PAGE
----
We subsequently learned that brand new digital printer/photocopier equipment that can be networked is becoming available from standard photocopier companies. Printer/photocopiers allow users to send print jobs from workstations to a networked printer/photocopier and use their Copicard to release their jobs and make their copies at the same cost as regular photocopying. This solution satisfies systems staff concerns that all print software and job queues reside in the printer/photocopier rather than on our building servers. It also will eliminate librarian concern about having printers they must manage in the reference areas and the perceived need for additional staff to handle paper jams and other difficulties. Most importantly, a printer/photocopier solution will integrate networked printing into existing photocopy operations, including equipment acquisition, service, and supplies, and will rely on current photocopy staffing resources and routines. Printer/photocopiers can be purchased from $8,700 to $34,000 each or be leased under other terms.
During September and October, we visited MCS Canon, Oce, and Toshiba showrooms for demonstrations of networkable printer/photocopier equipment. We had previously been to demonstrations for Xerox, Minolta, and Kodak equipment. All equipment was comparable in terms of overall functionality, including reliability, security, and user interface, and impact on our technological infrastructure. Toshiba is our first choice for the following reasons: it is the only model that allows users to name their print jobs and protect them with a unique personal password. It has a small footprint, is extremely quiet even when copying or printing, and has a very good purchase price. Oce offers a higher capacity machine that may be appropriate for us in some circumstances, but it comes with a very high price tag and does not allow use of a unique personal password. Canon also does not allow a personal password. Xerox would require a personal computer in addition to the printer/photocopier.
SROA funds are available for a pilot project for networked printing in the Alexander Library. Using the information gained during the RFP process and printer/photocopier review, it is recommended that the funds be used to purchase two printer/photocopiers for the Alexander Library. One printer/photocopier would be placed in the reference photocopy area and the other in the Copy Center. Drivers for both machines will be installed on every public workstation in Alexander, and users wishing to print will be able to select the printer/photocopier most convenient to them. Pending a positive outcome of testing currently underway with a Copicard unit and approval from the Libraries' Systems Department, the model recommended for this pilot is the Toshiba DP3580.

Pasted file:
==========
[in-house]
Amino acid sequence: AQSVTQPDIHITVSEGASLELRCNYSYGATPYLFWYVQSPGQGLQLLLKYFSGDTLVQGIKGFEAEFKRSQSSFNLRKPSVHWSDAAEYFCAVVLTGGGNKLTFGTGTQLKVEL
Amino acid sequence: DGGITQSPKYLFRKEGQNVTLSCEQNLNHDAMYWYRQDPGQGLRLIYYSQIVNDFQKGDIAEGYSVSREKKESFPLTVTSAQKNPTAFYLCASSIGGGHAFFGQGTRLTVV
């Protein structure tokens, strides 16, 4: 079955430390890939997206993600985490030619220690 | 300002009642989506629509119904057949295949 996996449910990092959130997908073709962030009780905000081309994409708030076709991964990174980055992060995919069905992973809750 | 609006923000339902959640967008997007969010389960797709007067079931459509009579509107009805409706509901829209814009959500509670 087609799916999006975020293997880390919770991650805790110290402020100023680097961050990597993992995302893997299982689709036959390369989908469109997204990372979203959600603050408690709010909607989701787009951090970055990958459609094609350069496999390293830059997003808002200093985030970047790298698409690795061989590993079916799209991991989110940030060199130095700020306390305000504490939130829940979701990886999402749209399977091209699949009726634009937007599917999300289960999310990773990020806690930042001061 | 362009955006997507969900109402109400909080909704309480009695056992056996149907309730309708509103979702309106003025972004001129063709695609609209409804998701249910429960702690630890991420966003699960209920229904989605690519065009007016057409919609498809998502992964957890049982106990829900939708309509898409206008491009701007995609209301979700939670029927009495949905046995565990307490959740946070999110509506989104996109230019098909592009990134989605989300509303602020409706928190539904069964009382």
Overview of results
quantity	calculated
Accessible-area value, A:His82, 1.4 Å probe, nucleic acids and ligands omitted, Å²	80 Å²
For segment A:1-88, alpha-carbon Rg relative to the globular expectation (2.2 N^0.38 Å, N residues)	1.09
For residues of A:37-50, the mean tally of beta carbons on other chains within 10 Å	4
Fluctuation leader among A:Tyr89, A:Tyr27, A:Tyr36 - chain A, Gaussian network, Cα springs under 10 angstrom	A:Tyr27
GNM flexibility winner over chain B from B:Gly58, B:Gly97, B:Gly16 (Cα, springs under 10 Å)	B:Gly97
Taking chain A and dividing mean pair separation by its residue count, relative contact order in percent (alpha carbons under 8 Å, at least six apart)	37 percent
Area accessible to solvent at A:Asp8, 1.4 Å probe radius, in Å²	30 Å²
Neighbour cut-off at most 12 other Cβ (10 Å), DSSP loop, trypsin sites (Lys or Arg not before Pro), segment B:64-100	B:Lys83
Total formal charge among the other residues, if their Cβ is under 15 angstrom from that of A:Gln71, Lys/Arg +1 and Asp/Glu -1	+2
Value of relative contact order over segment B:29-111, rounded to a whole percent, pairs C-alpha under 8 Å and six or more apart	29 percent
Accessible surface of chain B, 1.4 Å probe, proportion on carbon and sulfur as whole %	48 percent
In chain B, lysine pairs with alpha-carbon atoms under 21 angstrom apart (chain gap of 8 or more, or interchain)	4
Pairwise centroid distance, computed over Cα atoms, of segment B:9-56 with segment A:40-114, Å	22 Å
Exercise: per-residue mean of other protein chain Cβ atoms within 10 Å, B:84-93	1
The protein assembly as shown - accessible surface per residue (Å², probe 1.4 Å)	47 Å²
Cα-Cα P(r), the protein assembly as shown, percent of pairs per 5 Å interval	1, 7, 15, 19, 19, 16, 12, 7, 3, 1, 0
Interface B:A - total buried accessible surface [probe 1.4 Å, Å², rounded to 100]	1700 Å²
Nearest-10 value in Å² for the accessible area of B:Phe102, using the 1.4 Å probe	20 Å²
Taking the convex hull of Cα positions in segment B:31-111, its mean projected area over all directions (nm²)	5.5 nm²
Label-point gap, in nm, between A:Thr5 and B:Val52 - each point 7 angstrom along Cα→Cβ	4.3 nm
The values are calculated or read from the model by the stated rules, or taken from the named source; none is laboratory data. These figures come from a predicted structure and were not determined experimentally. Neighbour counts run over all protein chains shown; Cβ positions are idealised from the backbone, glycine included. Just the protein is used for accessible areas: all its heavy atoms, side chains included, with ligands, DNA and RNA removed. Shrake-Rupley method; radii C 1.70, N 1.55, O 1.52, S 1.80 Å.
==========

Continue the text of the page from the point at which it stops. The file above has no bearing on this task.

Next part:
Systemwide Networked Printing
For the library system overall, we recommend development of a flexible, integrated, and multi-modal approach that depends primarily on printer/photocopier technology. Copy Services is currently working with university Procurement and Contracting to develop an RFP for selection of a photocopy vendor for the Newark and New Brunswick libraries, and printer/photocopier equipment will be included. Printer/photocopiers will be strategically located in the Dana Library and in all New Brunswick libraries where the Libraries provide equipment. Delivery of new equipment is expected by January 1, 2000.